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Barium Arsenites

In an investigation of the ternary system BaO-As2O3-H2O in which the two oxides in varying proportions were shaken with water at the temperatures 25° and 50° C., the solution and solid phase subsequently being analysed, evidence of the formation of only two arsenites was obtained: a basic metarsenite, Ba(OH)AsO2.2H2O, and an arsenite of composition 2BaO.3As2O3.4H2O.

Barium Orthoarsenite, Ba3(NaO3)2

Barium Orthoarsenite, Ba3(NaO3)2, has been prepared by the addition of potassium orthoarsenite to an aqueous solution of barium chloride and drying the precipitate at 100° C. in a current of hydrogen. It is obtained as a white amorphous powder, readily soluble in hot water and in dilute acids. When heated rapidly to about 730° C. it is decomposed into arsenic and the arsenate; the mechanism of the reaction is not understood. Slow heating below 300° C. causes loss of arsenious oxide.

Barium Dihydrogen Orthoarsenite, Ba(H2NaO3)2

Barium Dihydrogen Orthoarsenite, Ba(H2NaO3), is obtained, according to Perper, by adding an excess of baryta water to aqueous arsenious acid, by treating an ammoniacal solution of arsenious oxide with excess of barium chloride, or by adding potassium pyroarsenite to barium chloride solution. According to Stavenhagen and others, this salt is to be regarded as barium pyroarsenite, If the precipitate is air-dried, it contains 8 molecules of water of crystallisation according to Stavenhagen, and 4 molecules according to Stein; if dried at 100° C. it retains 2 molecules. Perper formulated the dihydrogen orthoarsenite with 34H2O, but stated that it lost water on exposure to air. When heated to a high temperature it yields arsenic and barium arsenate. It is slightly soluble in cold water, more readily in hot water, the solution having a slightly alkaline reaction. Whether the products obtained by the various methods described above are identical, and what their exact constitution is, are problems which have not yet been clarified. Further, Story and Anderson's basic metarsenite may equally well be formulated as barium monohydrogen orthoarsenite, BaHAsO3.2H2O.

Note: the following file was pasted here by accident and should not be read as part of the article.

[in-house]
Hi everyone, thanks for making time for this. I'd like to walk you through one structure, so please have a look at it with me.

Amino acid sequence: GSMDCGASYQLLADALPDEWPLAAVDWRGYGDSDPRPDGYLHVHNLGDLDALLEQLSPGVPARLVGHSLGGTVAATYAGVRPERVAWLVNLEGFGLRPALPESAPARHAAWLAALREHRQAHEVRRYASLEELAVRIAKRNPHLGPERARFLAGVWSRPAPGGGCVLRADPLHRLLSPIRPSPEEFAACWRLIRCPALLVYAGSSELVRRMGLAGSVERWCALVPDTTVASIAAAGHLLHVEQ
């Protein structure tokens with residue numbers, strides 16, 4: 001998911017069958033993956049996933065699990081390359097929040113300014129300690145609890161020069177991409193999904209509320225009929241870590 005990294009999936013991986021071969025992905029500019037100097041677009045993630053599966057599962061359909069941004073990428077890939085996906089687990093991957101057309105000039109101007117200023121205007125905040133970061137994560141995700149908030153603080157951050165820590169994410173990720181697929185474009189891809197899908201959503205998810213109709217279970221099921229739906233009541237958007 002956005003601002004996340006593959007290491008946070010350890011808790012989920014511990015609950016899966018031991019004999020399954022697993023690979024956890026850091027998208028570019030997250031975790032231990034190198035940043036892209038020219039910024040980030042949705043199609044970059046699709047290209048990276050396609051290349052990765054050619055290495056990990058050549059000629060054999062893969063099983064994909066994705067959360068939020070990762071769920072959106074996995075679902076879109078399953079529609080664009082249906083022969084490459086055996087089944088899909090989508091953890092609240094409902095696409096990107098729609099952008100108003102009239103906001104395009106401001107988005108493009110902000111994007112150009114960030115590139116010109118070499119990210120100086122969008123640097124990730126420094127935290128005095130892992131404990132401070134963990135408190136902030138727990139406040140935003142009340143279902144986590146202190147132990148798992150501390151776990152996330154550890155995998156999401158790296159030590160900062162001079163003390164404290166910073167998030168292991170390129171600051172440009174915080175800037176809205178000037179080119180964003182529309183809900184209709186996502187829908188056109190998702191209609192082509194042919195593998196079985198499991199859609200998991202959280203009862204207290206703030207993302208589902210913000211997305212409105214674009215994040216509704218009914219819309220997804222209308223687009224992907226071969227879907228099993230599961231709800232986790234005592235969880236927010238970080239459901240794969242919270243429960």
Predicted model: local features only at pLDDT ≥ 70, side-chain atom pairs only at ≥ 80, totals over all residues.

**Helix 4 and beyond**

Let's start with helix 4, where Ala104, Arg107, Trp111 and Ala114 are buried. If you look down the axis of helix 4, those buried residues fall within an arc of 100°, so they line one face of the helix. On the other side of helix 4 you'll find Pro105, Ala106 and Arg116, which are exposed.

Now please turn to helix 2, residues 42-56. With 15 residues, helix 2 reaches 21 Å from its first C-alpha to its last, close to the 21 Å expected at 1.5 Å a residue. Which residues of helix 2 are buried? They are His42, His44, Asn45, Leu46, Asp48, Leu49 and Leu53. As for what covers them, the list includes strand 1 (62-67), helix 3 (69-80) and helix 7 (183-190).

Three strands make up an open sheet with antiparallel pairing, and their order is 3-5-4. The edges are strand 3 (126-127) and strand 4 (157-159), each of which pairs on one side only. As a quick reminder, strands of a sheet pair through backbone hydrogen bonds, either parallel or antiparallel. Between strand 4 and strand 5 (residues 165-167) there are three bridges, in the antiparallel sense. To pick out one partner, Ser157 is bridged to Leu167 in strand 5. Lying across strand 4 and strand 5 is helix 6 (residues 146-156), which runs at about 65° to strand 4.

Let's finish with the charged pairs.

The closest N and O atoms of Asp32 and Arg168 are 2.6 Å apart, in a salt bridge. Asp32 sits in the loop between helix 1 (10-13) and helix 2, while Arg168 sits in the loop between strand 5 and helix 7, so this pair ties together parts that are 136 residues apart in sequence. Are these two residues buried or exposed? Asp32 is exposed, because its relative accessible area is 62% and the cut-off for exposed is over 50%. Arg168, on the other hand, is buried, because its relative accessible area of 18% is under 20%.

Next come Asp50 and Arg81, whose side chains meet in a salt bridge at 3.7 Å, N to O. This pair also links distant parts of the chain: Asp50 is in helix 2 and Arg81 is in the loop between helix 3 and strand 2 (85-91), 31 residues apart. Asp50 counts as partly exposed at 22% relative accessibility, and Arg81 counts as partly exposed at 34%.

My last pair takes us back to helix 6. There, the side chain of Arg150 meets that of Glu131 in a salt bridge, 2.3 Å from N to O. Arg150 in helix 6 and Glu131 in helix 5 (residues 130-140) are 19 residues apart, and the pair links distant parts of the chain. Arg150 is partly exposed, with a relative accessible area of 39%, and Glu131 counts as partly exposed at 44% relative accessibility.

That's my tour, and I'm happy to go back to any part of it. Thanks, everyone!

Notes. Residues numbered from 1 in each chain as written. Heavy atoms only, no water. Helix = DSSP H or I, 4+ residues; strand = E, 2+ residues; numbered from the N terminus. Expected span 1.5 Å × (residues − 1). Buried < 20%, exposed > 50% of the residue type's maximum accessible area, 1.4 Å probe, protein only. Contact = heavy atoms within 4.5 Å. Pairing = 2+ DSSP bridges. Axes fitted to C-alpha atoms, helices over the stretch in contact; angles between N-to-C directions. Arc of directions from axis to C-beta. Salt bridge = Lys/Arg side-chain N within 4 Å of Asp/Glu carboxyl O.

Barium Metarsenite, Ba(AsO2)2

Barium Metarsenite, Ba(AsO2)2, may be obtained by warming barium chloride with a solution of ammonium arsenite to which acetic acid has been added until arsenious acid is on the point of precipitation. The precipitate is then dried at 100° C. It is a white powder, easily soluble in water, but it can also be obtained as a gelatinous mass when a mixture of barium chloride and potassium metarsenite in solution is left to stand for a few hours. On strongly heating it decomposes to form arsenate and free arsenic, but to a much less extent than is the case with the orthoarsenite.

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